The Standards Organisation of Nigeria (SON) has urged agricultural processors and farmers in Kano State to improve the standards of their commodities.The Director-General of SON, Malam Farouk Salim,  made the call during a sensitisation programme organised for agricultural processors and farmers on Thursday in Kano.

The programme was organised by SON in collaboration with the Securities and Exchange Commission (SEC).

Salim said Nigeria was still lagging behind despite being rich in agriculture, with arable land put at 34 million hectares, which represents 33 per cent of the country’s land mass.

“Commodity trading in Nigeria began in 1947 and the first Commodity Exchange (NCX) was established in 2001 which is still thriving under the purview of SEC with several private ones being established.

“However, countries with better organised commodity exchanges have historically gained advantage over others,  including Nigeria,” he noted.

Salim, who said Nigeria was ready to key into global sustainable commodity market, expressed the readiness of SON to partner with processors and farmers to improve commodity standards.

“SON is ready to partner in areas of services and products to develop new standards and review of existing ones in line with the economic diversification policy of the Federal Government.

“Agricultural produce, including corn, groundnut, maize, soy beans, rice and wheat are increasingly traded on globally.

“The only way we will be able to have Halal certification is to join the Standards Organisation of Islamic Countries (SOIC) where one can use some of the resources they have in the Halal Institute,” he said.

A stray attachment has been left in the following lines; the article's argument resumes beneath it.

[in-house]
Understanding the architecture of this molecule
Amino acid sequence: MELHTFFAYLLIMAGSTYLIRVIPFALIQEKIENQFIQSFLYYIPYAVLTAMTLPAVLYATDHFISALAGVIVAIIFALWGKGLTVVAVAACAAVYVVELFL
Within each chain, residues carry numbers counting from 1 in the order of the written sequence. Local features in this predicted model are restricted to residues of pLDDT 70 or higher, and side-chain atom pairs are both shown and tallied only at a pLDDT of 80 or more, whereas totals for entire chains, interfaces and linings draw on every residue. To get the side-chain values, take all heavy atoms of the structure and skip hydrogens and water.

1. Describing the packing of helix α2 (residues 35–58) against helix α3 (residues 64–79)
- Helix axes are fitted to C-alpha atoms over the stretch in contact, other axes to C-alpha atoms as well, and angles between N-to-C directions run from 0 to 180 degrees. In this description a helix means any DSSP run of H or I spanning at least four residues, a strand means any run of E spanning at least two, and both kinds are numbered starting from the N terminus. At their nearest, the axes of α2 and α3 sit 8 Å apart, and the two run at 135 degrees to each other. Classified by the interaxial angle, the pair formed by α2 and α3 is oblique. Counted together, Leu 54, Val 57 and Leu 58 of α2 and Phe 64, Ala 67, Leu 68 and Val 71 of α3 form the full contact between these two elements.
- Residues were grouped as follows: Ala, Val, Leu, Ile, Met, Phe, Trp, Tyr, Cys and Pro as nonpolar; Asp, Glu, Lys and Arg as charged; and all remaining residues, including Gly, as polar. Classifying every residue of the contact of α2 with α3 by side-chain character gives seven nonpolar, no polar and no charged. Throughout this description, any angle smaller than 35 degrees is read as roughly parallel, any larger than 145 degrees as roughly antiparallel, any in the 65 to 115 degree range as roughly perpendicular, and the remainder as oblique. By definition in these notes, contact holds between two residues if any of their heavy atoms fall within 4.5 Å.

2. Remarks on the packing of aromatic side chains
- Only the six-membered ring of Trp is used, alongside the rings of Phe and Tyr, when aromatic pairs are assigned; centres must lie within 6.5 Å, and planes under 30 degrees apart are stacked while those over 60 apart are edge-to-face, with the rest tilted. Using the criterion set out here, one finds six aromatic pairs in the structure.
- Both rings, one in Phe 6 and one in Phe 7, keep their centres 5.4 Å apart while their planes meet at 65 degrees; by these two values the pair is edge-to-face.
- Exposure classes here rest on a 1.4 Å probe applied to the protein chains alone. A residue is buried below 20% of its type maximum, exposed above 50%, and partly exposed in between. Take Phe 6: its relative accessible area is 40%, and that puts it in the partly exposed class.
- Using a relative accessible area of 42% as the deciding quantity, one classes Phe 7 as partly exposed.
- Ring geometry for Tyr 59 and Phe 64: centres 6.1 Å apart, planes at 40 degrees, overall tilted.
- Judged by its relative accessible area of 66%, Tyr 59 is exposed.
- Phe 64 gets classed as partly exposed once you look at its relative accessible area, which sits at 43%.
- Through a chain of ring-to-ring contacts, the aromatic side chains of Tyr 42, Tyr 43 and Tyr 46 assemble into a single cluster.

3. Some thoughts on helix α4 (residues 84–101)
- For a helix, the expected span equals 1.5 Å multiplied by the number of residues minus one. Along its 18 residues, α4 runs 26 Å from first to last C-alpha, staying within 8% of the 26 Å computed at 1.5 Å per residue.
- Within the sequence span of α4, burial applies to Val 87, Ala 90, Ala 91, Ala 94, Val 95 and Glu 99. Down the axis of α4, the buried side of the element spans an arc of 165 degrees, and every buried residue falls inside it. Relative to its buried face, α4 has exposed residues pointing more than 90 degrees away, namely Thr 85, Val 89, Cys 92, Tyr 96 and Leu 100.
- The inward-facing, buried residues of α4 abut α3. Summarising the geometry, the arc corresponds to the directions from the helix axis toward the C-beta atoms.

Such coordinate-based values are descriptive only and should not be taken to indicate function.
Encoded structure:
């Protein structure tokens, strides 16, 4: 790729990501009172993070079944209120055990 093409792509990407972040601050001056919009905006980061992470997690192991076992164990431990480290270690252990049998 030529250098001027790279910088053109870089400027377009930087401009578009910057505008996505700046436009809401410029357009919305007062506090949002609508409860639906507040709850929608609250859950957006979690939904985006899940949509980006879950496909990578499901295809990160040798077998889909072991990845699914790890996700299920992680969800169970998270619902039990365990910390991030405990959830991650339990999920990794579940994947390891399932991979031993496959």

Salim added that the purpose of the institute was to help set the standards together with Islamic stakeholders in the country.

According to him, Nigeria has meat products and if we are able to get Halal certificate recognition,  fresh meat can be easily be exported to the Middle East, without any stress.

The director-general also said Nigeria’s economy could benefit from the Halal system currently worth more than seven trillion dollars.

Also speaking, the Director-General of the SEC, Alhaji Lamido Yuguda, said there was need for stakeholders to ensure effectiveness, adoption and enforcement of appropriate standards.

Yuguda said it would help establish quality, save embarrassment, as well as prevent the rejection of Nigerian produce.

“Commodities exchange has the potential to efficiently link industries by creating jobs, improve living standards, unlock economic potential of communities, promote rural development and enhance financial situation of small farmers,” he noted.

The Deputy Governor of Kano State, Alhaji Nasir Yusuf-Gawuna, commended the efforts of SON and SEC for the sensitization.

He said their collaboration would help processors and farmers to achieve greater success in the state.